The Chinese National People’s Congress (NPC) Standing Committee is to vote on Hong Kong’s security legislation tomorrow morning, the day before the territory’s handover anniversary, Now TV News reported yesterday, signaling Beijing might soon hand down a measure that pro-democracy advocates and business groups say could erode the territory’s unique freedoms.
At a three-day meeting that started yesterday, the Standing Committee discussed the legislation to punish acts of secession, subversion, terrorism and collusion with foreign forces, Radio Television Hong Kong (RTHK) reported earlier, citing Ip Kwok-him (葉國謙), a member of Hong Kong’s Executive Council and one of its non-voting delegates on the committee.
The proposed legislation includes a life sentence for acts of secession and subversion, according to the Now TV report, which cited unidentified people.
The penalty would be far more severe than what Tam Yiu-chung (譚耀宗), the territory’s only voting delegate in the committee, has suggested.
Prison sentences for the four types of crimes would range from three to 10 years and would be largely in line with Hong Kong’s criminal laws, RTHK said last week, citing Tam.
Albert Ho (何俊仁), former chairman of the territory’s Democratic Party, said the proposed sentence did not surprise him.
“It is a shame that the so-called Hong Kong delegates just let the legislation go through like this,” Ho said. “It is also a shame for China — how can it face the world?”
If the proposed law passes during this Standing Committee session, it could come into effect in time for Wednesday’s anniversary of the territory’s return to Chinese rule in 1997.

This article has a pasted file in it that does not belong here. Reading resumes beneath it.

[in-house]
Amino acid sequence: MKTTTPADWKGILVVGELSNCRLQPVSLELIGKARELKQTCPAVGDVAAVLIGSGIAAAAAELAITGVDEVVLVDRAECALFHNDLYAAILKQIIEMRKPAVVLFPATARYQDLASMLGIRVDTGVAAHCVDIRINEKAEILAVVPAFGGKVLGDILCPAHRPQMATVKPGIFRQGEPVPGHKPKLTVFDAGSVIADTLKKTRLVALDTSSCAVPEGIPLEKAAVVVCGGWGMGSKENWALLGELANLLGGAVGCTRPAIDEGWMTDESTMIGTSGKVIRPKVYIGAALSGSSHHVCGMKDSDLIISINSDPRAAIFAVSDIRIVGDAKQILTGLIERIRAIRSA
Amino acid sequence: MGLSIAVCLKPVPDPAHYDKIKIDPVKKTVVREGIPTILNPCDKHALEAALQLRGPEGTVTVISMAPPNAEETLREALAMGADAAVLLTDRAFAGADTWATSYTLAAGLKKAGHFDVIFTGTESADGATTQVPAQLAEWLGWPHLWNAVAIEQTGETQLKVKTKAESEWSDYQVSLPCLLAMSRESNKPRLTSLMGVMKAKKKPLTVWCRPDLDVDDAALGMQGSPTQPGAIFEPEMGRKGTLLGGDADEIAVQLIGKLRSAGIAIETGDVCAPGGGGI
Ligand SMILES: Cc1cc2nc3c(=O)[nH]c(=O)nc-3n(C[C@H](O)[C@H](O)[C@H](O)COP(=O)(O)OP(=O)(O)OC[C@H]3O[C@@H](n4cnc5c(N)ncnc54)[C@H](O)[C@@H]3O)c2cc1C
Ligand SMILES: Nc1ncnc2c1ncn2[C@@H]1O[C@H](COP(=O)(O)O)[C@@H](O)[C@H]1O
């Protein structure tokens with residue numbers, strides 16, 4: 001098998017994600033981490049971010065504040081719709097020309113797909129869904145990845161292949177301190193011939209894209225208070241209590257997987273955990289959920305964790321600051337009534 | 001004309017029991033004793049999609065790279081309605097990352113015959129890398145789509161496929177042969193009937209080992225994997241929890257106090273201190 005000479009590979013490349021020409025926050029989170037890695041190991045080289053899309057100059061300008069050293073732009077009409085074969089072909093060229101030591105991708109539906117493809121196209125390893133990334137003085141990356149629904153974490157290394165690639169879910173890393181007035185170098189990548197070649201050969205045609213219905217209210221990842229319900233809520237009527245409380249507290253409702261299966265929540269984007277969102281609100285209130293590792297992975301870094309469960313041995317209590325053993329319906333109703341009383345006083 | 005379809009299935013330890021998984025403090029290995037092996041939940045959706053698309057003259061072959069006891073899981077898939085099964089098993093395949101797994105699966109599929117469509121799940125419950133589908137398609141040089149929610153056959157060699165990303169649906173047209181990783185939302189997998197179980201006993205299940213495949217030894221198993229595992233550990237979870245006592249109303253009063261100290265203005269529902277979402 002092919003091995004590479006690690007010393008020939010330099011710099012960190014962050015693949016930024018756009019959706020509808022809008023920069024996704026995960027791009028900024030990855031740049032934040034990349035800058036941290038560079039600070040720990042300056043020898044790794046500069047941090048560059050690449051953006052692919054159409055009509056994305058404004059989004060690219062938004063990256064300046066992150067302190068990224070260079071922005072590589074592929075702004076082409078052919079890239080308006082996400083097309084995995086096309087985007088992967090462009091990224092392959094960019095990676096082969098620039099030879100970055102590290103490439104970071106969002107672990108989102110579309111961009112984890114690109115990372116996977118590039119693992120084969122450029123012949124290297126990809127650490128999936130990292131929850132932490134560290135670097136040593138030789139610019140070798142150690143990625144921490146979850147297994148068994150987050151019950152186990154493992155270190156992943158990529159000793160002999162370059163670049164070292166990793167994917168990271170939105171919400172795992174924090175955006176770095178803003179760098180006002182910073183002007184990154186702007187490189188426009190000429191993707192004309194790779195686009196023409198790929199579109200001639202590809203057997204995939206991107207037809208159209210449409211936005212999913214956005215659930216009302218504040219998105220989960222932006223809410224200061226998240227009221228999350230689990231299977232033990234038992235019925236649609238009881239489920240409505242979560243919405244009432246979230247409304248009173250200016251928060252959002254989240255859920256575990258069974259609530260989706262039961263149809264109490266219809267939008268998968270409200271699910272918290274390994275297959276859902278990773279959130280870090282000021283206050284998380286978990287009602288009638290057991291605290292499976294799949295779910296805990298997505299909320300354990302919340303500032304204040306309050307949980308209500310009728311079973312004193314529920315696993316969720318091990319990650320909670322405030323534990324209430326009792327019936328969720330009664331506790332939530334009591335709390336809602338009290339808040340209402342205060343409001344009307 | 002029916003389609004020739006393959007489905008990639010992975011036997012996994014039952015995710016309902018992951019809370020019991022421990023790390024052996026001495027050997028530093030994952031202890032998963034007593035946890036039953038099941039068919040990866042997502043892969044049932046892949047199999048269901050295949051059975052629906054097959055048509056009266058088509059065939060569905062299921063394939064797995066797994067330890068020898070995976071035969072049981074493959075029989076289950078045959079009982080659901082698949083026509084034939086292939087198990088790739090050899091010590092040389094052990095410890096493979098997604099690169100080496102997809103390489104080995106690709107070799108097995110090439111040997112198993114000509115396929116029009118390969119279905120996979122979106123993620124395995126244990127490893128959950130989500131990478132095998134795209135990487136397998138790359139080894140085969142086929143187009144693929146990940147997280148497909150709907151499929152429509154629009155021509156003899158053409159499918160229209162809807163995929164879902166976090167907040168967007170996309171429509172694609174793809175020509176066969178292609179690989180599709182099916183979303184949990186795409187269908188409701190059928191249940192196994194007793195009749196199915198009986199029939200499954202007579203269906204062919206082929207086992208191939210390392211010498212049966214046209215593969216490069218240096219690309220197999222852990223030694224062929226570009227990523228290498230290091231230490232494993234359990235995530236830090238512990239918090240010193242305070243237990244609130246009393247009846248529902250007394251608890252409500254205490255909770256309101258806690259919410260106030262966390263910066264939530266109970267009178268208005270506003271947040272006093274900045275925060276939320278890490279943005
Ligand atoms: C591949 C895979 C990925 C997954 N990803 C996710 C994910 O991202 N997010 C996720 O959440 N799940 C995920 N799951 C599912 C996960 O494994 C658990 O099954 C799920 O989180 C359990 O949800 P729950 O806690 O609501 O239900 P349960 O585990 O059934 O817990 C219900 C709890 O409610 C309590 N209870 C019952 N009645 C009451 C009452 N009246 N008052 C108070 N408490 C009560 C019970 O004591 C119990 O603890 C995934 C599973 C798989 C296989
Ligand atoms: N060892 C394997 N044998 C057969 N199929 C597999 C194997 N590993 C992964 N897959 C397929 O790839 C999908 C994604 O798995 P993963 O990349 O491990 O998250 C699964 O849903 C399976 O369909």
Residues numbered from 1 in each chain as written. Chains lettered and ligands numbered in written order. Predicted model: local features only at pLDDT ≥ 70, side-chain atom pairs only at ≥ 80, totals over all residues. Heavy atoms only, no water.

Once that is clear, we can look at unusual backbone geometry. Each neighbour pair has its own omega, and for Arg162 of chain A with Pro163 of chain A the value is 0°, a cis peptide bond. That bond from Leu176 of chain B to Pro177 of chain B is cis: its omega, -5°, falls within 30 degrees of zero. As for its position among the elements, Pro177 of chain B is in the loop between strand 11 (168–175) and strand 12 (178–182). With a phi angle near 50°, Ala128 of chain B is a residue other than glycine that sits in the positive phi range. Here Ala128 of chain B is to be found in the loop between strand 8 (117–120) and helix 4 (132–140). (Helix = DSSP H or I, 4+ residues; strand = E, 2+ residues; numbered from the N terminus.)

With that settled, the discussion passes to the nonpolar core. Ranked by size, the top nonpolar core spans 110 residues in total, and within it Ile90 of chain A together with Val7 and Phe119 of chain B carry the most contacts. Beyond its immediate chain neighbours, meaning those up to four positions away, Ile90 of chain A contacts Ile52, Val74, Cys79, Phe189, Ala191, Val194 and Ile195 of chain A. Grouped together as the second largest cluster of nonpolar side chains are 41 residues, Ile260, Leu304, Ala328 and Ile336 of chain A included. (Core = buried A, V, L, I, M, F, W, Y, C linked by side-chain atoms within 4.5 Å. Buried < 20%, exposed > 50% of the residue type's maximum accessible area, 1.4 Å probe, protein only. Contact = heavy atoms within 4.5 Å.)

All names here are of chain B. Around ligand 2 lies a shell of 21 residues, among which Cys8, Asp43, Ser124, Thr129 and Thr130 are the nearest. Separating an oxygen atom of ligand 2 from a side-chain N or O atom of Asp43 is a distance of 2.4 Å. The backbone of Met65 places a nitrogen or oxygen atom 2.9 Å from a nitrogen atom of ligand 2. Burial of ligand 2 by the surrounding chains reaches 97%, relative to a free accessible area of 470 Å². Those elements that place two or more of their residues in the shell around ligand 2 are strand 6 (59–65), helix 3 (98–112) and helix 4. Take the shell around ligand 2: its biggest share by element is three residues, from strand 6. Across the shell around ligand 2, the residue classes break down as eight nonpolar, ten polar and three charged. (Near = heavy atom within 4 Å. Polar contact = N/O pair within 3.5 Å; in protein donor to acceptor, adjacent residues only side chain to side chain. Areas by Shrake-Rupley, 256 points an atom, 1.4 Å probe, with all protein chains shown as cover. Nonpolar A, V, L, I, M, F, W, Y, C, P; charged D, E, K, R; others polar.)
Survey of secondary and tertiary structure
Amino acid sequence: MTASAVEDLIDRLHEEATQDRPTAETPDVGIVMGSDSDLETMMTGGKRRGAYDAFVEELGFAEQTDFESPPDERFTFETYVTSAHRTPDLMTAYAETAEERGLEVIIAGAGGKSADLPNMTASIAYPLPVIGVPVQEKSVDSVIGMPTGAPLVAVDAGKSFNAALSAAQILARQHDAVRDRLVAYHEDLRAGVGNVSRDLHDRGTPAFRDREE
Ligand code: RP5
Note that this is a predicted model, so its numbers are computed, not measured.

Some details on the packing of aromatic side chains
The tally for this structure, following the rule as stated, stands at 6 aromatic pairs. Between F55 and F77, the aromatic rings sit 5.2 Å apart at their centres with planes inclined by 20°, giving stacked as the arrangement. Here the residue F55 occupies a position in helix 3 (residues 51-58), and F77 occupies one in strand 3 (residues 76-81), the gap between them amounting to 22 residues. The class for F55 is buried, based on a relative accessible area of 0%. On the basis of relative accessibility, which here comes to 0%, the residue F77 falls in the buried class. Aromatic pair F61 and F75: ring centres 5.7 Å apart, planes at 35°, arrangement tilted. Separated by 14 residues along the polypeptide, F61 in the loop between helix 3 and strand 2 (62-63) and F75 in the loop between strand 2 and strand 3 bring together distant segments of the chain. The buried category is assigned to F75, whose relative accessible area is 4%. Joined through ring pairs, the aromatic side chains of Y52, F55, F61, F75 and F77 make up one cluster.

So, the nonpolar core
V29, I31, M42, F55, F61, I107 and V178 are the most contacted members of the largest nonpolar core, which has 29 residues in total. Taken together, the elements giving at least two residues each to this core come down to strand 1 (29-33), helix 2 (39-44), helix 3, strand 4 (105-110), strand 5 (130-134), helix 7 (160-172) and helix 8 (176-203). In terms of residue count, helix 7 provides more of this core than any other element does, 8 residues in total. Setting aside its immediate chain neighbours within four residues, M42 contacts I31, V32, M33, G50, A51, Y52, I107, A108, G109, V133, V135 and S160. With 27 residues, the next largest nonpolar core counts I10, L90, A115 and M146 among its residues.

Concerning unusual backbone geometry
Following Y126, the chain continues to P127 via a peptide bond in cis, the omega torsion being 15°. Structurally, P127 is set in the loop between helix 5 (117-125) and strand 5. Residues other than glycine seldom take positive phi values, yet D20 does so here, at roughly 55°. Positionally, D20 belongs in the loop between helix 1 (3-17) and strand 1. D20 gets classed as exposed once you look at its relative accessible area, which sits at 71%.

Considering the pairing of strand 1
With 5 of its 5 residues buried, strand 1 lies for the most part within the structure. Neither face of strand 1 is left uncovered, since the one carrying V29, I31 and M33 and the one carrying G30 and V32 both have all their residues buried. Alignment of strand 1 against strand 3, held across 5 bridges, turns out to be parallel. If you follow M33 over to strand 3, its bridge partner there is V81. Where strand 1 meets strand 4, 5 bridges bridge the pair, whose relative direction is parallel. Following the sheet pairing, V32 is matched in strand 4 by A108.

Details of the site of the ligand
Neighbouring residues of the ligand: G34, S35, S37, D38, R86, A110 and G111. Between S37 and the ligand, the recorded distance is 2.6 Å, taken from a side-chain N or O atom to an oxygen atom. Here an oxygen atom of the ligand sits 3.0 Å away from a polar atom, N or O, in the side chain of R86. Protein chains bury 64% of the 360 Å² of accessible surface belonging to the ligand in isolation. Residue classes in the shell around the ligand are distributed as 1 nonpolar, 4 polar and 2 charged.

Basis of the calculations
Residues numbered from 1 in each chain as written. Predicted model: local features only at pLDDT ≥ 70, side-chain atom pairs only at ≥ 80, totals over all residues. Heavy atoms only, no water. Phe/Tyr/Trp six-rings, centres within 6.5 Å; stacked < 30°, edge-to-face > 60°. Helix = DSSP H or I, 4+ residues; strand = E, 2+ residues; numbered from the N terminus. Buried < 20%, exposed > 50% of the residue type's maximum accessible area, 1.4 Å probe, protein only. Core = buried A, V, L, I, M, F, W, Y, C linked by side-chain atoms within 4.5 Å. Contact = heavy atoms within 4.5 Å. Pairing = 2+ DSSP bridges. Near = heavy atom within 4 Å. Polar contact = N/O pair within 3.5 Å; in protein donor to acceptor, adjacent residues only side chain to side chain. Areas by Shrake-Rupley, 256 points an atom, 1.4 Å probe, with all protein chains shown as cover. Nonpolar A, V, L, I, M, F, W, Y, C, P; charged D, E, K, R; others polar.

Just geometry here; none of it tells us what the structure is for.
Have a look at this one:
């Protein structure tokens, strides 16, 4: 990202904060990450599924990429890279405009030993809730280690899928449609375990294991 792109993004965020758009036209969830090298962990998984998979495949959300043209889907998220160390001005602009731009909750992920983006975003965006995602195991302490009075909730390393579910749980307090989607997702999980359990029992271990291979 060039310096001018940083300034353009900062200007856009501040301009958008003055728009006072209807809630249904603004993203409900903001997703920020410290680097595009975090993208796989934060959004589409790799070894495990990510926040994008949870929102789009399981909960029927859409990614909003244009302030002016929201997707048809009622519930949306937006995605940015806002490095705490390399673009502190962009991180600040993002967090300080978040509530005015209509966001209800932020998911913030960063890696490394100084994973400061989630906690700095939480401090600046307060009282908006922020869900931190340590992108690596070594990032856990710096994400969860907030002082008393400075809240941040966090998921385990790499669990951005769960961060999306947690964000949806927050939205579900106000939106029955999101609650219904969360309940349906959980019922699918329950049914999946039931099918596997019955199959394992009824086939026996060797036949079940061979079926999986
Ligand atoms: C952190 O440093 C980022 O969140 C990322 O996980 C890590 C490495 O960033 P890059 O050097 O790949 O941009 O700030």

Under the legislation, the central government would retain its authority in the territory in three specific circumstances, Now TV said, without providing details.
About 56 percent of residents oppose the legislation, compared with 34 percent who support it, a Reuters/Hong Kong Public Opinion Research Institute poll released on Friday showed.
In related news, hundreds of Hong Kongers yesterday marched silently through the streets in protest against the proposed national security legislation.
Riot police armed with shields were present as the crowd moved from Jordan to Mong Kok in the Kowloon district, as part of a “silent protest” in which they marched with the usual chanting or slogan shouting largely absent.
Scuffles broke out in Mong Kok, prompting police to use pepper spray to subdue parts of the crowd, an eyewitness told Reuters.
“I am here to oppose the national security laws,” said Esther, 25, who was on the streets. “It’s not the last battle, there is a long-term resistance [to the laws].”
Additional reporting by Reuters